Kathmandu valley is the heart of Nepal. The toponym Nepal historically referred precisely to this valley. Only in 18th century, as the Gurkha Kingdom conquered the valley and made it the centre of its newfound empire, the name Nepal was extended to cover all of the modern country (and some other territories which were part of the empire at the time but later got transferred to India). Initially the centre of gravity in the valley was the town of Bhaktapur. Kathmandu and Patan (also known as Lalitpur) became its equals and rivals in about 15th century. Eventually Kathmandu won over and came to dominate the area. I visited Patan and Bhaktapur, the two other main historical towns in the valley, on two separate occasions and this post describes these visits.
The circumstances of each visit could not be more different. I went to Patan on my own and the visit to Bhaktapur was together with a friend. Bhaktapur was visited on one of my first days in Nepal; Patan on one of the last. I walked around Patan in the heat under the scorching sun; in Bhaktapur suddenly the skies opened and a torrential rain fell down and continued for hours.
Like in Kathmandu, both Bhaktapur and Patan possess a Durbar Square. In each case it is the focus of the old city. Patan’s Durbar Square:
At the centre of the Square is a column that holds the statue of the most important king of Patan. Behind the statue a snake rises whose head is crowned with a little bird.
The most important temple on the Patan’s Durbar Square is Krishna Mandir. On this photo it is to the left. It was built in 1637 after Krishna appeared in a dream to the king of Patan in this very place. The first floor of the temple is devoted to Krishna, the second floor to Shiva and the third to Buddha. Another paradoxical example of coexistence of the two religions in Nepal.
Non-Hindus cannot enter the temple.
But we can visit the former Royal Palace directly opposite, which now hosts Patan’s Museum. The museum hosts a number of interesting objects. I liked the most a diagram showing the comparative size of all of Nepal’s Buddhist stupas. Boudhanath looked about three times the size of the next biggest one! Palace entrance:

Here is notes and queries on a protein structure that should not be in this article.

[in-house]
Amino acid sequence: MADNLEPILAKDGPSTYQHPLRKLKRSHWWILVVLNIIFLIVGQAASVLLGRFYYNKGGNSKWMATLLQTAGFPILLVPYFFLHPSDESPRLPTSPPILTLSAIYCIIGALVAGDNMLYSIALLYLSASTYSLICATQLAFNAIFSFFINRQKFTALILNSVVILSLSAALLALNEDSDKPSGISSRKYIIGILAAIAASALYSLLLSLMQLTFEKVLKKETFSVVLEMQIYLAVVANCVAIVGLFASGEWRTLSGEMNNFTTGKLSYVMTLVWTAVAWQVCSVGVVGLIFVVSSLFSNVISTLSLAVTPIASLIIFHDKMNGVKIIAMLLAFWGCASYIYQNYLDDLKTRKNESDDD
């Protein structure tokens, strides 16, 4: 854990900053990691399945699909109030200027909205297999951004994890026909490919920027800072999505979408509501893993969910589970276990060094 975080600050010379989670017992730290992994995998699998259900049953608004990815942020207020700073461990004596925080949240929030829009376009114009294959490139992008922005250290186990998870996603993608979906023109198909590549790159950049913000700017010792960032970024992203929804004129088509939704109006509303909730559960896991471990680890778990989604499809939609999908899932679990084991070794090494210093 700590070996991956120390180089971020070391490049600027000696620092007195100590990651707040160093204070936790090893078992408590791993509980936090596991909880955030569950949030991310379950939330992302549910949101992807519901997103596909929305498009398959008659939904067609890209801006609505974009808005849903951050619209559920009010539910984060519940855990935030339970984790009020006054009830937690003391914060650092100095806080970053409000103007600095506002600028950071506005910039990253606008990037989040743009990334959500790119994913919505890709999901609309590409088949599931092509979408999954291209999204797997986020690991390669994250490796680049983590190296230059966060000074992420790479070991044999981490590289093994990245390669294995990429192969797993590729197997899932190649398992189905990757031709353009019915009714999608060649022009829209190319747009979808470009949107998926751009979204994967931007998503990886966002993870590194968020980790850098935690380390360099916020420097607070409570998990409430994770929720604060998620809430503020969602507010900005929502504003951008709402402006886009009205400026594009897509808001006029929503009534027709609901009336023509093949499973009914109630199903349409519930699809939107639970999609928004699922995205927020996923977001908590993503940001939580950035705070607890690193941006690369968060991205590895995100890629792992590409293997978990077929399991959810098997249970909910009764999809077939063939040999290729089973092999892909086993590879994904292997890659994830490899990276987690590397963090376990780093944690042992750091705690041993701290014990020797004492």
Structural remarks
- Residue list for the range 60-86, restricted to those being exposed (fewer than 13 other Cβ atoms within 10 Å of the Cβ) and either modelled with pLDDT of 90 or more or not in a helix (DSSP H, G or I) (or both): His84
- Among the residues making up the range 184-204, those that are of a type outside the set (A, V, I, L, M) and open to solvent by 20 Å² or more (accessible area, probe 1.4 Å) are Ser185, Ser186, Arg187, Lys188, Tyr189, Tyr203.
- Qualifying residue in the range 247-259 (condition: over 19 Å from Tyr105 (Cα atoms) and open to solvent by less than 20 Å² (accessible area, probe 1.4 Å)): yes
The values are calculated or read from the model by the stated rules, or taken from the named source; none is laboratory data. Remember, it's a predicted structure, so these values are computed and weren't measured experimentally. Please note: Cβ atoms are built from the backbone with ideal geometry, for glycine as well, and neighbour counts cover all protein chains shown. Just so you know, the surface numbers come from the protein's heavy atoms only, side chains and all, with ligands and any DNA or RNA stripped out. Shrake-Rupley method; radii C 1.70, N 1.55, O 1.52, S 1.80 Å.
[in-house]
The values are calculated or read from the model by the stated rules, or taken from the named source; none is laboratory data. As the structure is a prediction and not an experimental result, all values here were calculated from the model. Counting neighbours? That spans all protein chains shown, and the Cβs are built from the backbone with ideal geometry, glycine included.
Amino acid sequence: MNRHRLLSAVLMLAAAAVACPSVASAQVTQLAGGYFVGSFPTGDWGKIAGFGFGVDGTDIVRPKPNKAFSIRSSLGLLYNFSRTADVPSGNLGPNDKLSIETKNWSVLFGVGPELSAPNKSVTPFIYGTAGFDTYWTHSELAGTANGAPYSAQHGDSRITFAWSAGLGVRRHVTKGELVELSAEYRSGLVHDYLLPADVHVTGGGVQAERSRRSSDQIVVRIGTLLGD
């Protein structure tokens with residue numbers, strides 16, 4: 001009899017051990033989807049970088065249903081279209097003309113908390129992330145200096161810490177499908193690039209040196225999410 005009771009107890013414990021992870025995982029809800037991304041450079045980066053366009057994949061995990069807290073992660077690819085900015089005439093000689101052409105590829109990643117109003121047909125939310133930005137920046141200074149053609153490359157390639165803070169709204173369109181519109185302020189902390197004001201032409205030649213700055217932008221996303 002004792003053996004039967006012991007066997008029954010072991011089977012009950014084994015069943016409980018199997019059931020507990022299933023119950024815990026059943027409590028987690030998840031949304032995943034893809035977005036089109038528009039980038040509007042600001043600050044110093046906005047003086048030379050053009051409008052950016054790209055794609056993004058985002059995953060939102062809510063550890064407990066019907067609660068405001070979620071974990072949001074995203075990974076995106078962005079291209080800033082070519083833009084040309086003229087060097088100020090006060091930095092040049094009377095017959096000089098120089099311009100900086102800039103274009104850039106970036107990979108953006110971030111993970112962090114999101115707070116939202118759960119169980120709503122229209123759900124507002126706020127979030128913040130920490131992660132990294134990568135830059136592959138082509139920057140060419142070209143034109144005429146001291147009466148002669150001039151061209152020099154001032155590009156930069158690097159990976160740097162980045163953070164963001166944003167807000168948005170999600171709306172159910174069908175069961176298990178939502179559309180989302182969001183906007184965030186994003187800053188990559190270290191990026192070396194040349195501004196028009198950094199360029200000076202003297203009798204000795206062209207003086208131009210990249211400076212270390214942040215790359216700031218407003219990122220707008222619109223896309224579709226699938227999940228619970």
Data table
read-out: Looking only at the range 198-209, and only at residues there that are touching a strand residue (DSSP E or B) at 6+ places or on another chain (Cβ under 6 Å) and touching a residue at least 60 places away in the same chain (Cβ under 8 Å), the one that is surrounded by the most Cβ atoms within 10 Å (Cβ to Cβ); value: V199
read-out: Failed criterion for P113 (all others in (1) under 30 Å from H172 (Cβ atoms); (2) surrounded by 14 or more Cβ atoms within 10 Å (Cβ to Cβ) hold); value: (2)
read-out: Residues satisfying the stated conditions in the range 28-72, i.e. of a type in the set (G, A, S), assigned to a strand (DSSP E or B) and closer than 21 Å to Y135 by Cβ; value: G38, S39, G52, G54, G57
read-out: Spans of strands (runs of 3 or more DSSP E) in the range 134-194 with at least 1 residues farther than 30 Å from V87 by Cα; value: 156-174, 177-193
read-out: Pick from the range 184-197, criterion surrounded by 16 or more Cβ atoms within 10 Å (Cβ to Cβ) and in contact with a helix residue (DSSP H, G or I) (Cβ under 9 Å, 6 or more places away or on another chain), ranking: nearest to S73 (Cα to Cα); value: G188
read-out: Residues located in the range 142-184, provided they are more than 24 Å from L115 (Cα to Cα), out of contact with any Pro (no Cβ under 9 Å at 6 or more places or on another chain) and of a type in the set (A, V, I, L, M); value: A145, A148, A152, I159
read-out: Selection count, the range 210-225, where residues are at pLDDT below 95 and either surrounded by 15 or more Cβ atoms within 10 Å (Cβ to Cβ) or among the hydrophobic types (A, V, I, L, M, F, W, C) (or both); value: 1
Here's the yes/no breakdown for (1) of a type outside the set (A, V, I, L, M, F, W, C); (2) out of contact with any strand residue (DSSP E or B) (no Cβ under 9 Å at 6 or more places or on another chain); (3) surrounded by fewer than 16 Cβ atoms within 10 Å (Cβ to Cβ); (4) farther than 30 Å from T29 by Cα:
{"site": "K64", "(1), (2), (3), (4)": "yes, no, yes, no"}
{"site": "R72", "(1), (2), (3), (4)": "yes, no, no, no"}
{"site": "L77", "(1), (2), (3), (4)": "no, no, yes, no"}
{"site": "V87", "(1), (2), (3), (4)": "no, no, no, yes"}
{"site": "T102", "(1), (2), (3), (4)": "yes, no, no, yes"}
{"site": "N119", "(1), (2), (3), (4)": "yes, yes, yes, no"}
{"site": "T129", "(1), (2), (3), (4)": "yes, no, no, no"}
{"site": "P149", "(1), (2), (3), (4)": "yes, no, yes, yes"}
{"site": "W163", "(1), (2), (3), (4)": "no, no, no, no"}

The Palace also boasts several intricate courtyards which had various ceremonial functions in the royal times. The entrance to the temple of Goddess Taleju in Mul Chowk courtyard, the largest open to the public:
The area around Durbar Square hosts a whole list of important temples. You can spend ages exploring them. I took in several as I had one afternoon in Patan. In the internal courtyard of the Buddhist temple Hiranya Varna Mahabihar:
Further North in the Hindu temple of Bangalamukhi. The line of devotees awaits their rendez-vous with the deity:
This monument marks the spot where the most ancient ritual objects of the Kathmandu valley were found. Basically these were the upright stones in the back of the photo.
A tiny Buddha hides in a niche of the monument:
Durbar Square in the rays of the setting sun:
Durbar Square from the South and the lions guarding the Palace entrance:
Over to Bhaktapur where the water pours from the sky. The Durbar Square is actually in the background.
One particularly picturesque temple courtyard in Bhaktapur:
Omnipresent eye of Buddha:
A prayer wheel:
Finally one of the most picturesque water collection basins in Bhaktapur. On that day filled with water as it is supposed to be. I am not sure though that this water is actually used nowadays.
This is the end of the account of the stay in wonderful Nepal. In the next post I will fly to another country, several thousand kilometres to the West.